1. New Ark, Subatomic Energy
    2. Zion’s Blood
    3. Chase the Devil | feat. Jahdan Blakkamoore & Screechy Dan
    4. War Ina Babylon vs Black Vest
    5. Dread Lion
    6. Patience Dub (River Jordan)
    7. Super Ape (Returns to Conquer)
    8. Curly Dub (Sing Along Jah Jah Children)(Black Moses)
    9. Underground Roots | feat. Ari Up of The Slits
    10. Dub Along | feat. Screechy Dan
    11. Go Deya (Three in One) | feat. Screechy Dan
    12. So It Conquer
    13. Croaking Lizard (dubstrumental mix)
    14. Black Vest (dubstrumental mix)
    15. Super Ape (dubstrumental mix)
    16. Dread Lion (dubstrumental mix)


      1. Zion’s Blood
      2. Dread Lion
      3. War Ina Babylon
      4. Chase the Devil | feat. Jahdan Blakkamoore & Screechy Dan
      5. Patience Dub


      1. Super Ape
      2. Curly Dub
      3. Underground Roots | feat. Ari Up of The Slits
      4. Three in One | feat. Screechy Dan
      5. Dub Along | feat. Screechy Dan


DATE: September 19, 2017
FORMAT: CD / Lonplayvinyl (incl. CD) / DL



September 19, 2017


41 years later Lee “Scratch” Perry revisits his classic Black Ark album that defined Jamaican dub music, reincarnating the magic for the sound system generation Big Question about it : How do you improve on a masterpiece? Made for today’s sound system, Lee “Scratch” Perry revisits his classic Black Ark album that defined Jamaican dub music.

41 years after Lee “Scratch” Perry defined dub music with his seminal 1976 Super Ape album, he returns with NYC’s Subatomic Sound System to conquer again, definitively reincarnating the magic of his Black Ark studio in Jamaica, heavy on Ethiopian horns & percussion, while reinvigorating it with the 21st century booming bass & beats that capture the energy of their innovative live electronic show.

Lee “Scratch” Perry re-makes his own classic album 40 years later? It sounds crazy but after his hugely successful tour for the 40th anniversary of his seminal 1976 dub album Super Ape produced at his famed Black Ark home studio, Grammy winning Jamaican artist Lee “Scratch” Perry rebuilt the entire album with NYC’s Subatomic Sound System proving not only that he was 40 years ahead of his time but that at 81 years old, he continues to innovate and push the envelope of reggae and dub, genres he pioneered in the 60s and 70s. Largely known as the mentor to Bob Marley, shaping his vocal style and philosophy, while producing and co-writing Marley’s early classics like “Sun Is Shining”, “Kaya” and many more, Perry’s influence has transcended reggae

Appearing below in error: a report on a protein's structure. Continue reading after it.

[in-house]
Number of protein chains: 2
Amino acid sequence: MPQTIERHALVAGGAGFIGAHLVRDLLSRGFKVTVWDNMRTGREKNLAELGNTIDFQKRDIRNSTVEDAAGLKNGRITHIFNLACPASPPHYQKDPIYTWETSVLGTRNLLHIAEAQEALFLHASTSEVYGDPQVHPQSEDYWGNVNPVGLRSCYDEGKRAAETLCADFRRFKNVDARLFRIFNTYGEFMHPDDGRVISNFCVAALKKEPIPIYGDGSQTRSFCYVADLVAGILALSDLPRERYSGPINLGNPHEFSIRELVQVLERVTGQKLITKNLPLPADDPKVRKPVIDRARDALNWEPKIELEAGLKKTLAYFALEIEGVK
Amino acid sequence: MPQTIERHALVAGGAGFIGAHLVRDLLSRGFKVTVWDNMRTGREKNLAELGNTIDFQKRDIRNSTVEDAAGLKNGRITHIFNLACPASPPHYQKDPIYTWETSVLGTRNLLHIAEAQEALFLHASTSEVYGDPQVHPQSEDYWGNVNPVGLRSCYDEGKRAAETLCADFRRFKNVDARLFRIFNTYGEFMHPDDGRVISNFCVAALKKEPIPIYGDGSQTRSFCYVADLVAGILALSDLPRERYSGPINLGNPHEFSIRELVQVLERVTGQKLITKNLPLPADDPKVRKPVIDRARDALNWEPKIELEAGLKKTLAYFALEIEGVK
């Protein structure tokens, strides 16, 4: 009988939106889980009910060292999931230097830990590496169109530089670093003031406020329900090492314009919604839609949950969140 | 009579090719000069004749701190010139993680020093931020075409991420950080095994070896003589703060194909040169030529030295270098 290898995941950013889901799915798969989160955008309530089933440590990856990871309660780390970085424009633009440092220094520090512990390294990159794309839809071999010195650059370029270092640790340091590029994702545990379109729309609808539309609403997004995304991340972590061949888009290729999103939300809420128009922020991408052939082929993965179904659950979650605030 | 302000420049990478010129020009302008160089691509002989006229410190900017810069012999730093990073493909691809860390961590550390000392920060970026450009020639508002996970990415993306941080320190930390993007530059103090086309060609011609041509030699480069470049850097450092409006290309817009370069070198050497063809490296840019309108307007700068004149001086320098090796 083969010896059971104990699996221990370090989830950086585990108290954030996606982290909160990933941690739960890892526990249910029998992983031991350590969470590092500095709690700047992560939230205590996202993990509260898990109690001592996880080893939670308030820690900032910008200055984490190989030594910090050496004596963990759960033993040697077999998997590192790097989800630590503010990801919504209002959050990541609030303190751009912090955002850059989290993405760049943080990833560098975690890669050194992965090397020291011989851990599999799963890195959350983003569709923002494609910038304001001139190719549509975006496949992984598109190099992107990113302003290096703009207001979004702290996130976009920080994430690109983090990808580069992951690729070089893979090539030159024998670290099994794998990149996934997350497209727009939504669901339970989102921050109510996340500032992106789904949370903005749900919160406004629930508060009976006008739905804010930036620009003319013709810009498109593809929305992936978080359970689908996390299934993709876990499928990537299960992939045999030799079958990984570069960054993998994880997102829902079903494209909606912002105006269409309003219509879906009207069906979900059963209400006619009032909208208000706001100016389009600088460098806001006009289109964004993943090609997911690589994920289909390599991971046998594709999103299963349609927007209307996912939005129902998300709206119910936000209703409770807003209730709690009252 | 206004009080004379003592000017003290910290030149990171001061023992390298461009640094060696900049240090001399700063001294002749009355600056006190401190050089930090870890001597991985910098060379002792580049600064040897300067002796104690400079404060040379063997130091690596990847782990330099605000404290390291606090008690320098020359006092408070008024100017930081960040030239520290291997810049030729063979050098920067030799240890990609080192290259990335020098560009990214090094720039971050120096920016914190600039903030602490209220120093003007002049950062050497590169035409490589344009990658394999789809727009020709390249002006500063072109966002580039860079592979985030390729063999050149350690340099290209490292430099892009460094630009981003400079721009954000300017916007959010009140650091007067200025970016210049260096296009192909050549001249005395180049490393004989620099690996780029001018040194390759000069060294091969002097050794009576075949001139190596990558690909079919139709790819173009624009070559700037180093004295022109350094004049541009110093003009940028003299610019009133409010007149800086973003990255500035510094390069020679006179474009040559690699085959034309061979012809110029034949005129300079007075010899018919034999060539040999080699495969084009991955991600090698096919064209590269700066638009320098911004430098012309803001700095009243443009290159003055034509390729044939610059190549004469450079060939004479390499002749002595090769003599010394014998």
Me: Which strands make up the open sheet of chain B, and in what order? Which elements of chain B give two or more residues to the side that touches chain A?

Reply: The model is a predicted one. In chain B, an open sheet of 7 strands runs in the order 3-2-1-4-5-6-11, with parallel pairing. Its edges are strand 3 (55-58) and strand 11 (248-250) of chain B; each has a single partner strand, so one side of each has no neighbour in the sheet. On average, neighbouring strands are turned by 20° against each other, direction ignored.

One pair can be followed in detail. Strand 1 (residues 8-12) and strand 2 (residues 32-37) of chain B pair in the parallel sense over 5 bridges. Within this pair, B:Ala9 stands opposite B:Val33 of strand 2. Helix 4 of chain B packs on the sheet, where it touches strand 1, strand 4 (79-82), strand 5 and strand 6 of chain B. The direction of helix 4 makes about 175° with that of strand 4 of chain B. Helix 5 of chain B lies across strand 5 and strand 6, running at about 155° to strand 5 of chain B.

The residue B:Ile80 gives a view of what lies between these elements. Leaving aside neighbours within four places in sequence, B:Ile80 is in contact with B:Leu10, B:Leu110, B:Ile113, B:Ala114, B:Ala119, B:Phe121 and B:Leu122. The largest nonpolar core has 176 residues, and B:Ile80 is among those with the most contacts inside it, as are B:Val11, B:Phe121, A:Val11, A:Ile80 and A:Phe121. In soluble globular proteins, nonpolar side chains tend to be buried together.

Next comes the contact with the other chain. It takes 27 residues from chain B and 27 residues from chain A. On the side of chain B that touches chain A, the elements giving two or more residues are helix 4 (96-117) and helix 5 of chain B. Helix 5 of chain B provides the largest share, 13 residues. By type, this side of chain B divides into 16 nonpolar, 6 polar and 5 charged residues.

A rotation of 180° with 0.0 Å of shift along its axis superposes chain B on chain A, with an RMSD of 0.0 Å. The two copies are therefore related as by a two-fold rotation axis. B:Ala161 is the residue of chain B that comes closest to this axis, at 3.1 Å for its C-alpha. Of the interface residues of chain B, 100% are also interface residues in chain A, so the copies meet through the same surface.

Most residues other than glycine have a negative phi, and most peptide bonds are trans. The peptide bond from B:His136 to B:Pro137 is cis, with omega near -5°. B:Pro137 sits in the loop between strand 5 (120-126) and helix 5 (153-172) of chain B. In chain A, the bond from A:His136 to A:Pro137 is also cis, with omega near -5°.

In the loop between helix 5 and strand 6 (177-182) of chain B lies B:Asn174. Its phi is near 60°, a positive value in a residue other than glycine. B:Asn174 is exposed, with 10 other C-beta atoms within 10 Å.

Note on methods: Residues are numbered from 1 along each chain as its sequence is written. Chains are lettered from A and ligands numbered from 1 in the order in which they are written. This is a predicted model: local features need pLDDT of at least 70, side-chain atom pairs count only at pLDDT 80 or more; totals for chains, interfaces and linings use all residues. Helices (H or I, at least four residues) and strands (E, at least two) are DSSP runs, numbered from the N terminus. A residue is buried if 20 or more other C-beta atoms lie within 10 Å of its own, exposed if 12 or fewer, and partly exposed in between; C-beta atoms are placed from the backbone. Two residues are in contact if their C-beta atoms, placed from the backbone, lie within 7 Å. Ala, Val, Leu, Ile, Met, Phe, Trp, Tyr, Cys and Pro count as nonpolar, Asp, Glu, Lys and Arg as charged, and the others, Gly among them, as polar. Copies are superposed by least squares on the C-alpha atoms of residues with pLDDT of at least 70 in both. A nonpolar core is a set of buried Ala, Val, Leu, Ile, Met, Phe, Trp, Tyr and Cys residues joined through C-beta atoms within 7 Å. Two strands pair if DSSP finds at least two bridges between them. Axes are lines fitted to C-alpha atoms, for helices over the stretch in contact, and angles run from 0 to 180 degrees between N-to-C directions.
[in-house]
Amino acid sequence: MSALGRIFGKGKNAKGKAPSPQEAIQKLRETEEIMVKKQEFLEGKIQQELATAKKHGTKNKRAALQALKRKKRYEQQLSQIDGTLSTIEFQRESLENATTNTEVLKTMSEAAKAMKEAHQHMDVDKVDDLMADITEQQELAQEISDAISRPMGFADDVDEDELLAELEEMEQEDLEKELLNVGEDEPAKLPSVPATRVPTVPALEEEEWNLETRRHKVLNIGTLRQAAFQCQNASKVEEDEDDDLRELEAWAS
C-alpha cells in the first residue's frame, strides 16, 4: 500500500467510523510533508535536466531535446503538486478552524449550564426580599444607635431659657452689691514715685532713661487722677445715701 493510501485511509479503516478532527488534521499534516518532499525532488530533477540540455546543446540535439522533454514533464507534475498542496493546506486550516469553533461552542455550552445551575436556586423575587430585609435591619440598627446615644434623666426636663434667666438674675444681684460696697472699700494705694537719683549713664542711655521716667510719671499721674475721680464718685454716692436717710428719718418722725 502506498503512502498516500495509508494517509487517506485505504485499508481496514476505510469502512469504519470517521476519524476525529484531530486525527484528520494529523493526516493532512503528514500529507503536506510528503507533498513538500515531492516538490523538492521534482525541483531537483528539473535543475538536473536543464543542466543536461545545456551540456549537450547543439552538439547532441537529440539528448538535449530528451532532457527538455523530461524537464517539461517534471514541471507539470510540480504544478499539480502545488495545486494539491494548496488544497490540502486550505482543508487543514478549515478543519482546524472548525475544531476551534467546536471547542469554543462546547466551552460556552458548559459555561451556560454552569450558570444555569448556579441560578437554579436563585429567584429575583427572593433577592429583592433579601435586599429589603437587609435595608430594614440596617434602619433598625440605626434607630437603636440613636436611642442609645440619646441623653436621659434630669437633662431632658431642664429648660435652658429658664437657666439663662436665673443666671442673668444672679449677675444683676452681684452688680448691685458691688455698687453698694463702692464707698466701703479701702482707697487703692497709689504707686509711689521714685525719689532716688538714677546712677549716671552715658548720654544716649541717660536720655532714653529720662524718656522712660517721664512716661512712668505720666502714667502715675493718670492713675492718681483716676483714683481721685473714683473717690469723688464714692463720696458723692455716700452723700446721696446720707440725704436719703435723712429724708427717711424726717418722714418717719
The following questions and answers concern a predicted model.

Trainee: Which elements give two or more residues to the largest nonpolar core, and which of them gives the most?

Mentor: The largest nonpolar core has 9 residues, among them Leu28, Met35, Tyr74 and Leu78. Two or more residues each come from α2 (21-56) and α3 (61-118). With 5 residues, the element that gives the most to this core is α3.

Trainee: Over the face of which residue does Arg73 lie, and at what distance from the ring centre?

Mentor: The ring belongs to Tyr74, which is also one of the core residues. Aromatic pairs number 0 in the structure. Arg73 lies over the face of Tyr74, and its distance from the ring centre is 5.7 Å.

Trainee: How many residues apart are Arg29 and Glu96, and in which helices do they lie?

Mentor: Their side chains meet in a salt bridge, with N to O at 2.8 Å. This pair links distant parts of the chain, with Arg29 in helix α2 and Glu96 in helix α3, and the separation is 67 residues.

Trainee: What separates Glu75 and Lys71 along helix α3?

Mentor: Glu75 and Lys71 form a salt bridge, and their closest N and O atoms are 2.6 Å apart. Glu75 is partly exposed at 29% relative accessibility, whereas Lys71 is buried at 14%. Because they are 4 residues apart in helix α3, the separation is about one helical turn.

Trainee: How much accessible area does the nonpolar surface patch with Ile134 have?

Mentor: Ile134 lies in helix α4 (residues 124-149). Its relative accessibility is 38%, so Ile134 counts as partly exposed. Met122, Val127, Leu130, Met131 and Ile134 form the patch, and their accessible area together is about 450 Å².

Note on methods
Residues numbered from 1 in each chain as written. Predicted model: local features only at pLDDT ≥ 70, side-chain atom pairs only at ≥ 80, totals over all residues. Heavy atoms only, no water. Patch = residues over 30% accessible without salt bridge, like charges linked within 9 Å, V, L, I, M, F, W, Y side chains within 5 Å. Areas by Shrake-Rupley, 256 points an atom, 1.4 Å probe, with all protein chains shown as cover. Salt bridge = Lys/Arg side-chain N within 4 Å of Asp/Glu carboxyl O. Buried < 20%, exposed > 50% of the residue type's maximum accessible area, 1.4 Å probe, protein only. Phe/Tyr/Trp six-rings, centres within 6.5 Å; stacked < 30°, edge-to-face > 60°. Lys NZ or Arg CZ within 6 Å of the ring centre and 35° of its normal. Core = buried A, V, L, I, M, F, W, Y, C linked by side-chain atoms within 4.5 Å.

For the past 7 years he has toured with NYC’s Subatomic Sound System, his go to band for recreating his Black Ark studio sound live on stage in new exciting ways as a one of a kind hybrid of beat heavy electronics and live musicians including original Black Ark studio percussionist Larry McDonald. Subatomic Sound System has been pushing the envelope of electronic music in combination with reggae since their inception in 1999 mashing up everything from dub to dancehall with hip hip, dubstep, cumbia and the like. Together with Perry they have performed as featured artists at Coachella, Red Bull Music Academy, and the keynote speakers Ableton live their Berlin summit meeting this year, highlighting their innovative use of music software.

Lee “Scratch” Perry says he gave his protege Bob Marley reggae music as ransom so he could be free to make dub. In dub, the producer is the star organizing and remixing the music with drum and bass in the forfeont and tweaking knobs and faders, adding effects like a jazz improvisation. Perry was arguably the first producer to ever appear as an artist on an album cover. In the 1970s, the idea of a producer rather than a singer or musician as a star, seemed crazy, but Perry is known for being crazy and looking across the world of music today where DJ producers are the stars of electronic music, it is clear he is rightly acknowledged as a visionary as well.

There are many stories to be told but this album follows on the mission of the tour which has the goal of reaching out to old fans and new fans as follows…